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Apple rejects Valve’s Steam Link game streaming app over ‘business conflicts’

Apple rejects Valve’s Steam Link game streaming app over ‘business conflicts’


Valve tried to appeal, but Apple would not allow the app on the App Store

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Illustration by Alex Castro / The Verge

Valve’s game streaming service Steam Link won’t be coming to iOS today, despite a successful Android beta launch earlier this month. According to the official Steam Database Twitter account, Apple rejected the Steam Link app over apparent “business conflicts with app guidelines.” Steam Link was first announced for mobile back in March, and the app functions as a remote desktop so users can access their Steam library of PC games from a mobile device and stream them directly for touchscreen play or for use with a Bluetooth controller.

It’s not exactly clear at the moment what the “business conflict” here is, and whether it has anything to do with Apple’s somewhat contentious 30 percent App Store fee for all purchases, in-app or otherwise. It may perhaps be due to the fact that Steam Link allows an iOS user to access another app store, namely Steam, within Apple’s tightly controlled ecosystem. Apple was not immediately available for comment.

“On Monday, May 7th, Apple approved the Steam Link app for release,” the statement reads. “On Wednesday, May 9th, Valve released news of the app. The following morning, Apple revoked its approval citing business conflicts with app guidelines that had allegedly not been realized by the original review team. Valve appealed, explaining the Steam Link app simply functions as a LAN-based remote desktop similar to numerous desktop applications already available on the App Store. Ultimately, the appeal was denied, leaving the Steam Link app for iOS blocked from release.”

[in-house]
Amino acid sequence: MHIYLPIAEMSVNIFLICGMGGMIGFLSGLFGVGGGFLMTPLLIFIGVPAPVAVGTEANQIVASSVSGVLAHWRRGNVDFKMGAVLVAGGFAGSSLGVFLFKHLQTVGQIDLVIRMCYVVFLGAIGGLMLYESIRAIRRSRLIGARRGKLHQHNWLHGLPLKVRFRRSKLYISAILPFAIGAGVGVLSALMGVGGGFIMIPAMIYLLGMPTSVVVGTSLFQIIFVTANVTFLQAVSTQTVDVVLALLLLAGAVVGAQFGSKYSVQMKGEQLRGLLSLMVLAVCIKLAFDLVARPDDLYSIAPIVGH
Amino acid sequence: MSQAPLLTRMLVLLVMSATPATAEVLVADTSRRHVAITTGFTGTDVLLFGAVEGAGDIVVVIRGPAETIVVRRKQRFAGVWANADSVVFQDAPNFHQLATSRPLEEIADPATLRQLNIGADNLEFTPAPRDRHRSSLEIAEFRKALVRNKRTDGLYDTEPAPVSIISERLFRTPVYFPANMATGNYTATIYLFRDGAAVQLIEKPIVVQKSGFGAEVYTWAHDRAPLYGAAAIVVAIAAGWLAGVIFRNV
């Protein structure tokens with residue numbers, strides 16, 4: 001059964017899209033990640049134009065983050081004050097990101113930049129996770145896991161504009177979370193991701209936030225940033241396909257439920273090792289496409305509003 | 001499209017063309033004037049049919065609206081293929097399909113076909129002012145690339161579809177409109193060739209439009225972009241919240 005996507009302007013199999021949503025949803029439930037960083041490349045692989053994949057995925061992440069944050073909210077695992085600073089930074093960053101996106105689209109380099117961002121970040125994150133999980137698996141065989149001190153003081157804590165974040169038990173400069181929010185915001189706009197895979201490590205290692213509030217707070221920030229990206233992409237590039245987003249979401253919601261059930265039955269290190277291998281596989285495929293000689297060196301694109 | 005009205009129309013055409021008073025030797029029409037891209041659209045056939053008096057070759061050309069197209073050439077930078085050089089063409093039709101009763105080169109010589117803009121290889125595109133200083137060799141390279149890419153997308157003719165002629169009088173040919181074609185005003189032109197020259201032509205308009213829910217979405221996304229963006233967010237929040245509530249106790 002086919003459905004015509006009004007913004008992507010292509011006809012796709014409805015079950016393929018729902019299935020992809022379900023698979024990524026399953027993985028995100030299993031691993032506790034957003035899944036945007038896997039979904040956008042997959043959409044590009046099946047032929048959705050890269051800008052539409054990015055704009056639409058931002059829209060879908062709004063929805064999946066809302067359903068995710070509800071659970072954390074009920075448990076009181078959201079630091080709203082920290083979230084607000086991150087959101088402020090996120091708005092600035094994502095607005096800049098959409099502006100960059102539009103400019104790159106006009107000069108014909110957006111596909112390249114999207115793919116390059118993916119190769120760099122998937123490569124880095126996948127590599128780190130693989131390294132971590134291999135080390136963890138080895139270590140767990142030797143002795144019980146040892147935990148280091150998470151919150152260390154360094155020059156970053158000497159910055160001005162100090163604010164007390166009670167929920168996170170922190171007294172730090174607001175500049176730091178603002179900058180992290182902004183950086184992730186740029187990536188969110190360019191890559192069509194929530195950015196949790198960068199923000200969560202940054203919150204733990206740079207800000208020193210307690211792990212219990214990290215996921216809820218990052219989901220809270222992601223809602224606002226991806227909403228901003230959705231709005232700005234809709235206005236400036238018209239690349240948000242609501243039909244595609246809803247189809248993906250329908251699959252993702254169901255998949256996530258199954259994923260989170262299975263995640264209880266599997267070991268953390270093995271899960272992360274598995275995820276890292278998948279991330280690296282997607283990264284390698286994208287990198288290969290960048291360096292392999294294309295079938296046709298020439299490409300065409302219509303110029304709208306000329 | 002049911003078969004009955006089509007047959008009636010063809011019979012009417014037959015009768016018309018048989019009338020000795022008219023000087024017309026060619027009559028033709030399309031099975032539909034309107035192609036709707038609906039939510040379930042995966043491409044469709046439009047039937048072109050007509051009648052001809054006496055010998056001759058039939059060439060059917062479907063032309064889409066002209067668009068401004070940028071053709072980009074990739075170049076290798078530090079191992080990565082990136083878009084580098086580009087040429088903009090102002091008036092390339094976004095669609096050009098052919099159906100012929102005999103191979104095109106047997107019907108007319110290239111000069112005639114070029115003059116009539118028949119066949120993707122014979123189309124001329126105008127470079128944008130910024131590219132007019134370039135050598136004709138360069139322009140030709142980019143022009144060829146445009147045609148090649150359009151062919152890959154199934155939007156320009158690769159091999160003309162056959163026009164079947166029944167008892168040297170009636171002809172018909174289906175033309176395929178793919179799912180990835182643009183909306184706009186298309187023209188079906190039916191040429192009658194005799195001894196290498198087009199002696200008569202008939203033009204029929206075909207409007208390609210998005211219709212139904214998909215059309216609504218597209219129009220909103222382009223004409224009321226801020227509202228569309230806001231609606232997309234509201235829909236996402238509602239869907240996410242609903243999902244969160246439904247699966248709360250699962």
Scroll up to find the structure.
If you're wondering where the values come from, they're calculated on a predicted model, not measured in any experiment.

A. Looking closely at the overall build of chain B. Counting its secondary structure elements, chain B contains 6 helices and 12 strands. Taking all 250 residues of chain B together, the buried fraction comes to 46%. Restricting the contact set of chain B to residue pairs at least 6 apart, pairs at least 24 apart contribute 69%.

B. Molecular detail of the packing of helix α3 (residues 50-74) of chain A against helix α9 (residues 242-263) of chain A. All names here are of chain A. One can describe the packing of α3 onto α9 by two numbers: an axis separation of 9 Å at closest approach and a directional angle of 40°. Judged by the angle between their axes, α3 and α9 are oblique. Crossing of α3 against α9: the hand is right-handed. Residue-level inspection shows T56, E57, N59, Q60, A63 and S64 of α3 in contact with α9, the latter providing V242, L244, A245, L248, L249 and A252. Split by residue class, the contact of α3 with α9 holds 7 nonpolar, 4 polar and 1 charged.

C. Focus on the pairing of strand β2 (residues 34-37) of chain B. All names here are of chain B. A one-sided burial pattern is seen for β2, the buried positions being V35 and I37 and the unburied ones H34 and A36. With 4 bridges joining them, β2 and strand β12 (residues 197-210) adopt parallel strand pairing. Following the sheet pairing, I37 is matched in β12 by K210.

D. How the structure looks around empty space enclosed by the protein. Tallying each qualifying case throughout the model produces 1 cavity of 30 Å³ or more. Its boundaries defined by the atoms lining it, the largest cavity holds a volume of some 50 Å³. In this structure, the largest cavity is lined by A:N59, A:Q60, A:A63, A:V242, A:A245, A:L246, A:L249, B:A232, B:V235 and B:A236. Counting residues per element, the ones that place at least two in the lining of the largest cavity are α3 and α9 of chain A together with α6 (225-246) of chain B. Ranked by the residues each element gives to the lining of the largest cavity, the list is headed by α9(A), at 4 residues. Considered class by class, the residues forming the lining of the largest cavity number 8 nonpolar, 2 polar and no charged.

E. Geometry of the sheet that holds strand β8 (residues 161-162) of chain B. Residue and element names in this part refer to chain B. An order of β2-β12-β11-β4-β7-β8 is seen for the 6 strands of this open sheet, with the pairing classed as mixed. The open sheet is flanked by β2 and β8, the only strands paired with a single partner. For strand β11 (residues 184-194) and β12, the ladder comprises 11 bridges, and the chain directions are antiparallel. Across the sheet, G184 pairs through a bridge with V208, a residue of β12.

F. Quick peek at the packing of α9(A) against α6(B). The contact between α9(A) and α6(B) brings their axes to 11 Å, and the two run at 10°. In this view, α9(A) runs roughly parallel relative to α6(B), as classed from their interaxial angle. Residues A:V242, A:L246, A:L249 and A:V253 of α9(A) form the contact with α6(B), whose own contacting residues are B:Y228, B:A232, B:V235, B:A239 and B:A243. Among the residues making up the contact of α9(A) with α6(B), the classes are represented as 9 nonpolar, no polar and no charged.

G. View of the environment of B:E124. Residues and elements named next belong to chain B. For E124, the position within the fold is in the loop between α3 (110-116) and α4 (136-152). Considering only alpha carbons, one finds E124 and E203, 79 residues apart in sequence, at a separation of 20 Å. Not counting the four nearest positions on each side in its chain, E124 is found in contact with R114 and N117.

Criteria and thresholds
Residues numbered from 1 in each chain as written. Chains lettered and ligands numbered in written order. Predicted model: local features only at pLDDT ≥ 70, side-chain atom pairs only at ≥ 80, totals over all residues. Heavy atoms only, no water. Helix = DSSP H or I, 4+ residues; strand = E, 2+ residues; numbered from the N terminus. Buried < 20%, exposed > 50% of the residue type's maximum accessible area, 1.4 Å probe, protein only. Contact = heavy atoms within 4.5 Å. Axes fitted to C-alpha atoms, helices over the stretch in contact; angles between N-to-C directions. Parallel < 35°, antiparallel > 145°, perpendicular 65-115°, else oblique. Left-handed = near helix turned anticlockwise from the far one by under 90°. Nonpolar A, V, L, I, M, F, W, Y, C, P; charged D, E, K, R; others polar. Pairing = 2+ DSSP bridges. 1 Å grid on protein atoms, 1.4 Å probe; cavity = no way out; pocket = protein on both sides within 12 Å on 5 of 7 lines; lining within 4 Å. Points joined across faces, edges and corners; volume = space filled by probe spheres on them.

Valve says “we hope Apple will reconsider in the future,” suggesting that this isn’t something that can be remedied quickly or the product of some type of misunderstanding, as the statement seems to initially suggest. That’s unfortunate for iOS users who have extensive Steam libraries and are eager to try out Valve’s game streaming technology now, especially now that it’s on mobile after years of development as a desktop solution for the living room.